Many of us struggled with breastfeeding and can understand how hard it can be. I managed to breastfeed both of my children, but a combination of paranoid, misinformed nurses and a general lack of preparedness almost derailed my plan on several occasions. Breastfeeding is hard — especially since there isn’t an overwhelming amount of accessible support and information. You’d think there would be more support for something that so many people consider to be the healthiest start to an infant’s life. Instead, there’s a little information and a lot of assumption that a woman will just know what she’s doing.
Recently, a mother shared her own anecdote of struggle with breastfeeding her first child in The Guardian. For a variety of reasons, Elisa Albert really wanted to breastfeed her infant. She had a hard time, her child was losing weight, and she was terrified. From her essay:
“100 years of aggressive formula marketing has effectively erased the tradition of women helping each other in this way. I had never heard of anyone I knew nursing another woman’s child, or having her child nursed by another woman, and I had never wondered why. I sat in the rocking chair that night, nipples on fire, inconsolable shrunken baby looking more and more like a plucked chicken in my arms, and a terrible new panic hit me: we were in very serious trouble and could not go on this way.”
She reached out to a friend– who seemed to have a very easy time breastfeeding her own child — for help. Her friend nursed her baby for a brief stint and also supplied her with frozen bags of breast milk, giving Albert the extra time she needed to negotiate some things that made it easier for her to breastfeed as well: a hospital grade nursing pump, a lactation consultant, and some breathing room.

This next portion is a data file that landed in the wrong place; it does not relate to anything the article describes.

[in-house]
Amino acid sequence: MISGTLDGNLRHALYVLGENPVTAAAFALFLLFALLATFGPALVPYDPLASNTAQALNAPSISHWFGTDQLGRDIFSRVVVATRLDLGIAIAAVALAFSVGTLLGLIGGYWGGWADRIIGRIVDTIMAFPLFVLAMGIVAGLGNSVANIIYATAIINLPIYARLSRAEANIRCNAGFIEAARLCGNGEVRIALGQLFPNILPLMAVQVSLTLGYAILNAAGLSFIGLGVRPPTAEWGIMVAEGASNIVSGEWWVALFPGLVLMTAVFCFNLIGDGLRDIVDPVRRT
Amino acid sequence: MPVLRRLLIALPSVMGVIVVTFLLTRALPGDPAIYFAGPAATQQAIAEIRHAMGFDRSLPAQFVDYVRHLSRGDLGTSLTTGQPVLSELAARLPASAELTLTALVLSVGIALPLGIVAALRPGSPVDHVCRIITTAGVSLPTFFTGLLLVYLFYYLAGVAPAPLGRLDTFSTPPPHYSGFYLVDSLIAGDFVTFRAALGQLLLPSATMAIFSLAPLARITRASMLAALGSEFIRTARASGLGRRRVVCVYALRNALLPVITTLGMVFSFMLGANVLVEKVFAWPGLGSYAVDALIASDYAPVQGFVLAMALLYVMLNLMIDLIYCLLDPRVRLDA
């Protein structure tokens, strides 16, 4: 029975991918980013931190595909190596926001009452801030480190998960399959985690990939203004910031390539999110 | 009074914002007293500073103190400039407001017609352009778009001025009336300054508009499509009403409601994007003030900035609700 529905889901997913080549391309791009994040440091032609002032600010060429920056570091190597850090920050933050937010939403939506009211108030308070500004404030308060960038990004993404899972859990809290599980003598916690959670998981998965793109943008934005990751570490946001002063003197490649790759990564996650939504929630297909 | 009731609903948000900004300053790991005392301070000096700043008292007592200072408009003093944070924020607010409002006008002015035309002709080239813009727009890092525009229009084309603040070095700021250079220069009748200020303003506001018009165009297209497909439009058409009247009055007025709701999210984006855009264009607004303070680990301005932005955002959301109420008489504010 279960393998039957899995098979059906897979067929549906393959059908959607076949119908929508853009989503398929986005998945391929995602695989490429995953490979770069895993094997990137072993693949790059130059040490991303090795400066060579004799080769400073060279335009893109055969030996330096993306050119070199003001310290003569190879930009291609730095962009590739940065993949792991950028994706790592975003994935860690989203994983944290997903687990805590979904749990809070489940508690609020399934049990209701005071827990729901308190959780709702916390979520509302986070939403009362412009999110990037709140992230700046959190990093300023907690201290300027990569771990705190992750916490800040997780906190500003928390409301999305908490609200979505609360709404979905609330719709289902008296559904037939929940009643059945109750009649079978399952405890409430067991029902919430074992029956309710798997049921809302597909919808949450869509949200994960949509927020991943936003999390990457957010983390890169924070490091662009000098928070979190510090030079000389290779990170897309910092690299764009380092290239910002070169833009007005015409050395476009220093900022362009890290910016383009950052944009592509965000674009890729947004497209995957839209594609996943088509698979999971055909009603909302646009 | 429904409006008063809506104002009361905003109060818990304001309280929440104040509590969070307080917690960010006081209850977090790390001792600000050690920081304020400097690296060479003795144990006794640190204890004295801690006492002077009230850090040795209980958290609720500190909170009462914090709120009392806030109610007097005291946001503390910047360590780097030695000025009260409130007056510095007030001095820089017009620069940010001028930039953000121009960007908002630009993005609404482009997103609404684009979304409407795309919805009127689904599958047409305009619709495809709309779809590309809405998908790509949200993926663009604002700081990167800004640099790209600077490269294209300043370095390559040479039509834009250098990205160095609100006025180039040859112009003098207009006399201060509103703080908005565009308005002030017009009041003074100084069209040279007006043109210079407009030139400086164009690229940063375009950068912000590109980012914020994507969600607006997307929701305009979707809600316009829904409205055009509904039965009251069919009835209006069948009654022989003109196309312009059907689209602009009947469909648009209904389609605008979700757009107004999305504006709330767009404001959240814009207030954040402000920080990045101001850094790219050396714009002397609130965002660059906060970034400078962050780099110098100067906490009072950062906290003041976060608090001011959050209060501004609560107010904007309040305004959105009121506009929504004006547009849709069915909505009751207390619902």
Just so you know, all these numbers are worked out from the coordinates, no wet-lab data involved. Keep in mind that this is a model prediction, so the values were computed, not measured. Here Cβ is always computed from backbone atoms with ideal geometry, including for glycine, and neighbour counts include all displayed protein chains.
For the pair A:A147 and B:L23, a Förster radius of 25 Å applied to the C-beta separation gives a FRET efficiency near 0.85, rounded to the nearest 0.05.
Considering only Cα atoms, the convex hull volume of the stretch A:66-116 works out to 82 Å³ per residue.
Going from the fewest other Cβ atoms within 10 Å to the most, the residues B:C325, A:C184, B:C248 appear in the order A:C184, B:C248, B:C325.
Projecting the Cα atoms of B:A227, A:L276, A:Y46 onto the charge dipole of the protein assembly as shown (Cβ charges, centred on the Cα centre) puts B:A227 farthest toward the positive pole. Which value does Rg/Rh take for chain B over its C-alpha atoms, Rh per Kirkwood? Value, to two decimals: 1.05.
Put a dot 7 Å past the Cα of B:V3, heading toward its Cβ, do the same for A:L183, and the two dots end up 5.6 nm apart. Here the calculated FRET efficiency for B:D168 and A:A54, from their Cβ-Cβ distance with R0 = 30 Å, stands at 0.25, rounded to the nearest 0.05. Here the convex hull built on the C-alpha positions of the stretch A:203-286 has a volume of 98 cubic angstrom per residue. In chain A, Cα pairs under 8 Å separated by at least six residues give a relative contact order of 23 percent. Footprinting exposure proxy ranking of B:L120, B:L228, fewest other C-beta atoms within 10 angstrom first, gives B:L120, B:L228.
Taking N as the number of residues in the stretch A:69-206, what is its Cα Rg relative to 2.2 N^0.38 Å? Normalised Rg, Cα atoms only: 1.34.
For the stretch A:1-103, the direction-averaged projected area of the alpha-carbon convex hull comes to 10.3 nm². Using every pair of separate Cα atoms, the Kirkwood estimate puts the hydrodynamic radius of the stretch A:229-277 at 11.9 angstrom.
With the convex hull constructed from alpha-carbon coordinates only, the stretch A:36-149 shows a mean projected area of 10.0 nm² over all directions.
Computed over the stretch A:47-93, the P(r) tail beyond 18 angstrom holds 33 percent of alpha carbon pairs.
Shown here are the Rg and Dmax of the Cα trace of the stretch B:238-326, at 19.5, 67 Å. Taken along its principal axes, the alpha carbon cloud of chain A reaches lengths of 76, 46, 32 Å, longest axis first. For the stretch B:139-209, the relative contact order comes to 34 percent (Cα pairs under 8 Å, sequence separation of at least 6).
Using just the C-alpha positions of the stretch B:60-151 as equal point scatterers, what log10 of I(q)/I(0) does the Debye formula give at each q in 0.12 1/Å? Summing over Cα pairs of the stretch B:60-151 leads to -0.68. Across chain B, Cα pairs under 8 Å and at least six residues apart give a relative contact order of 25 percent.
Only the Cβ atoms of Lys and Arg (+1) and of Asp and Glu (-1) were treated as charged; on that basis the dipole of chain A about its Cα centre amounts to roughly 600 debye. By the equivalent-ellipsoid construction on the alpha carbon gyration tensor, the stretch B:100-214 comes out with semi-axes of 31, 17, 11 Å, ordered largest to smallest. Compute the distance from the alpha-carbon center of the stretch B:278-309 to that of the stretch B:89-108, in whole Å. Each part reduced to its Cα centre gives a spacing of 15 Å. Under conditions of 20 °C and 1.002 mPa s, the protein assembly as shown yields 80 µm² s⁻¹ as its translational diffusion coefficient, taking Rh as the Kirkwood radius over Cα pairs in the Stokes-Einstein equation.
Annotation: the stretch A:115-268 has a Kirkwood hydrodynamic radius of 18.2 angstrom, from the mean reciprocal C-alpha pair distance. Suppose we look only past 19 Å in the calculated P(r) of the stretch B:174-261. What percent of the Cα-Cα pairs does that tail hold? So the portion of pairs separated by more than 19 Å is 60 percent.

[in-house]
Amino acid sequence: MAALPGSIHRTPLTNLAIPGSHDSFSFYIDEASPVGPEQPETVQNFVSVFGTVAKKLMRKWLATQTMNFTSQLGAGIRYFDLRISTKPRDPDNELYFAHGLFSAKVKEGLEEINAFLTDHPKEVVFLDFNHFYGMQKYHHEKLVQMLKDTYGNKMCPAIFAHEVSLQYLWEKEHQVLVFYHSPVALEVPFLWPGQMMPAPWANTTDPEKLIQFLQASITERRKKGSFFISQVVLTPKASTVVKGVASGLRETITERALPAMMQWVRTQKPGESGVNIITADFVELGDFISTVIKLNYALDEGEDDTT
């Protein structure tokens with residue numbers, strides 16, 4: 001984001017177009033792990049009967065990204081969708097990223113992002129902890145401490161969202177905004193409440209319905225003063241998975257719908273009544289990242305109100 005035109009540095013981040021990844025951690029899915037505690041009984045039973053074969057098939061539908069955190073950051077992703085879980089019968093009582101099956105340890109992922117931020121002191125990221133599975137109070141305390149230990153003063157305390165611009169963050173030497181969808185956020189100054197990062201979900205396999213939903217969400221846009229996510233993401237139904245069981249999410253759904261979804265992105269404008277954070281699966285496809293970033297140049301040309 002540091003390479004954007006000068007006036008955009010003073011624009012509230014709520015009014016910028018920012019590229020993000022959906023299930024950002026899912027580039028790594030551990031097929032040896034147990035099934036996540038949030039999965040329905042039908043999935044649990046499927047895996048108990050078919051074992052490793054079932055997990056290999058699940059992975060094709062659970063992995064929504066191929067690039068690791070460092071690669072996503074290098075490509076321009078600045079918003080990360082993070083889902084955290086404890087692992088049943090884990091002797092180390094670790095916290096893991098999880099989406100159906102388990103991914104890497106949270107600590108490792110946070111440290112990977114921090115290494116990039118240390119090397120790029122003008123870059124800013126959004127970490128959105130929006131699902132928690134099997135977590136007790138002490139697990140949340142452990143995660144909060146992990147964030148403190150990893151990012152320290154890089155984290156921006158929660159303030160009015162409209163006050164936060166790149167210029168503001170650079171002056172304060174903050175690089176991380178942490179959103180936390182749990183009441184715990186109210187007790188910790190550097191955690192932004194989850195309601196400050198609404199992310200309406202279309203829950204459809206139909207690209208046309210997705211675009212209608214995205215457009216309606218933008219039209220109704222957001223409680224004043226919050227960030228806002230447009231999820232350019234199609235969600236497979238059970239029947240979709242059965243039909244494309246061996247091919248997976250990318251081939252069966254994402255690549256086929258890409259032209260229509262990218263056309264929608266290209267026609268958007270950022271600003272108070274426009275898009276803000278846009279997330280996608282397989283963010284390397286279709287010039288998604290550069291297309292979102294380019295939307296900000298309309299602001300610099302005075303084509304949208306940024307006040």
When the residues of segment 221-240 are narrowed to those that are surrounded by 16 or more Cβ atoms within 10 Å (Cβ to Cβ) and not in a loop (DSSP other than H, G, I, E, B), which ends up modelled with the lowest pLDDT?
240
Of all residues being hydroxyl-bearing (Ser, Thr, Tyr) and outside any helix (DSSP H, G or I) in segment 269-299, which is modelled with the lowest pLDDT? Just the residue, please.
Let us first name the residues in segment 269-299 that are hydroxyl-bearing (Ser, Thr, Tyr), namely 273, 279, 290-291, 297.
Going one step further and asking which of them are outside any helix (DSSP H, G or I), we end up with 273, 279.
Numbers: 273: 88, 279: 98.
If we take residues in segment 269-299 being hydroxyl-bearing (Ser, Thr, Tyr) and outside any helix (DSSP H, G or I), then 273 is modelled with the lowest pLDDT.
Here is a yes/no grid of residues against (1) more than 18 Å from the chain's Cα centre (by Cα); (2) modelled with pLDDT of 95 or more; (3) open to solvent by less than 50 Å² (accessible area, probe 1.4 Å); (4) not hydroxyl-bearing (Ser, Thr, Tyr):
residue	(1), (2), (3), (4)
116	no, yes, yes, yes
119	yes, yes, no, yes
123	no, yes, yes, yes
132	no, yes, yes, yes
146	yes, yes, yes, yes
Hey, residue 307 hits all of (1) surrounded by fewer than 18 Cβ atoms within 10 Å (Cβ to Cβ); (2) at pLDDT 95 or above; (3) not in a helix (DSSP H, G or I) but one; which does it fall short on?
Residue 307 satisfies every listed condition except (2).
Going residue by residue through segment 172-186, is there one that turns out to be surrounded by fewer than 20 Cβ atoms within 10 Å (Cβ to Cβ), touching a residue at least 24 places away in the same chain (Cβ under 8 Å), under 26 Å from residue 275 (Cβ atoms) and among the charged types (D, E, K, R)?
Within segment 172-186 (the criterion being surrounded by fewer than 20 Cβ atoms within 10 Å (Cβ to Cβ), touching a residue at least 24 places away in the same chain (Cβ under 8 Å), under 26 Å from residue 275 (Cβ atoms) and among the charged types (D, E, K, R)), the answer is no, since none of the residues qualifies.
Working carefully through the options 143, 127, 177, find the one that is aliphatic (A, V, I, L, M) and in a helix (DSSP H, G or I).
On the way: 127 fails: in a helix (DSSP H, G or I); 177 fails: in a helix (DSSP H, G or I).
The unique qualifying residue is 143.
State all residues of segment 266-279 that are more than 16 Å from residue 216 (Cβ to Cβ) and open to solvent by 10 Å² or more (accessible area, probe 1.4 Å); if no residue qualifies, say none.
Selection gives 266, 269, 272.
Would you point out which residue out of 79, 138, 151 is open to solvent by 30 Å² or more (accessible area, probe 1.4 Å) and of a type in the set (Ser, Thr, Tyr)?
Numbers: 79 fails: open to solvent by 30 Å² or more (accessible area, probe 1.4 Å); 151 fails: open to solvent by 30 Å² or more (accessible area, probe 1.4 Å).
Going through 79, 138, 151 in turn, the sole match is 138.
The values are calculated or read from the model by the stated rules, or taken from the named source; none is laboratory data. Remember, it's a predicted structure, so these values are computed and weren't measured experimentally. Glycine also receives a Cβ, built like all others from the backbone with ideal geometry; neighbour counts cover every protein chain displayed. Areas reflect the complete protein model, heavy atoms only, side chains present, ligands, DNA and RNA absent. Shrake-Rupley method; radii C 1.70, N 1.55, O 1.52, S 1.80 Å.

It’s a fantastic essay that examines certain rituals that have become taboo in our Western culture — questioning why we are so quick to accept the label and judge the action. In Albert’s case, the ability to lean on another woman was what got her through an incredibly difficult postpartum time:
It took me a long time to regain my confidence. The state of early motherhood was in many ways a state of crisis, and although my husband was characteristically stalwart and kind, a full partner in every sense, it was the women who calmly, lovingly took my hand and led me through. It turned out I didn’t have to feign invulnerability whatsoever. The more vulnerable I remained, the clearer my vision became, and what I could see, at long last, was a circle of woman comrades, offering me fortitude and nourishment when I was bereft of all. My gratitude only grows with time.
It’s obvious why an observer wouldn’t be immediately comfortable with this scenario – the possibility of disease transmission being the thing that comes to mind first. But if this was a close friend of hers, she knew her health status, and was comfortable asking for help – why not? It worked for her, it worked for her friend, she was able to go on to nurse (which seemed very important to her) so alls well that ends well. The only thing that saddens me about the story is that it highlights the incredible pressure some women feel to breastfeed. The fact of the matter is that we’ve made advances that help women move away from certain limiting aspects of motherhood – and breastfeeding can certainly be one of those aspects. We have formula now – rejoice! But Albert questions the “cross-nursing” taboo and writes about it in such a way that she may just make you question why you accept certain things as “taboo,” too.
(photo: Getty Images)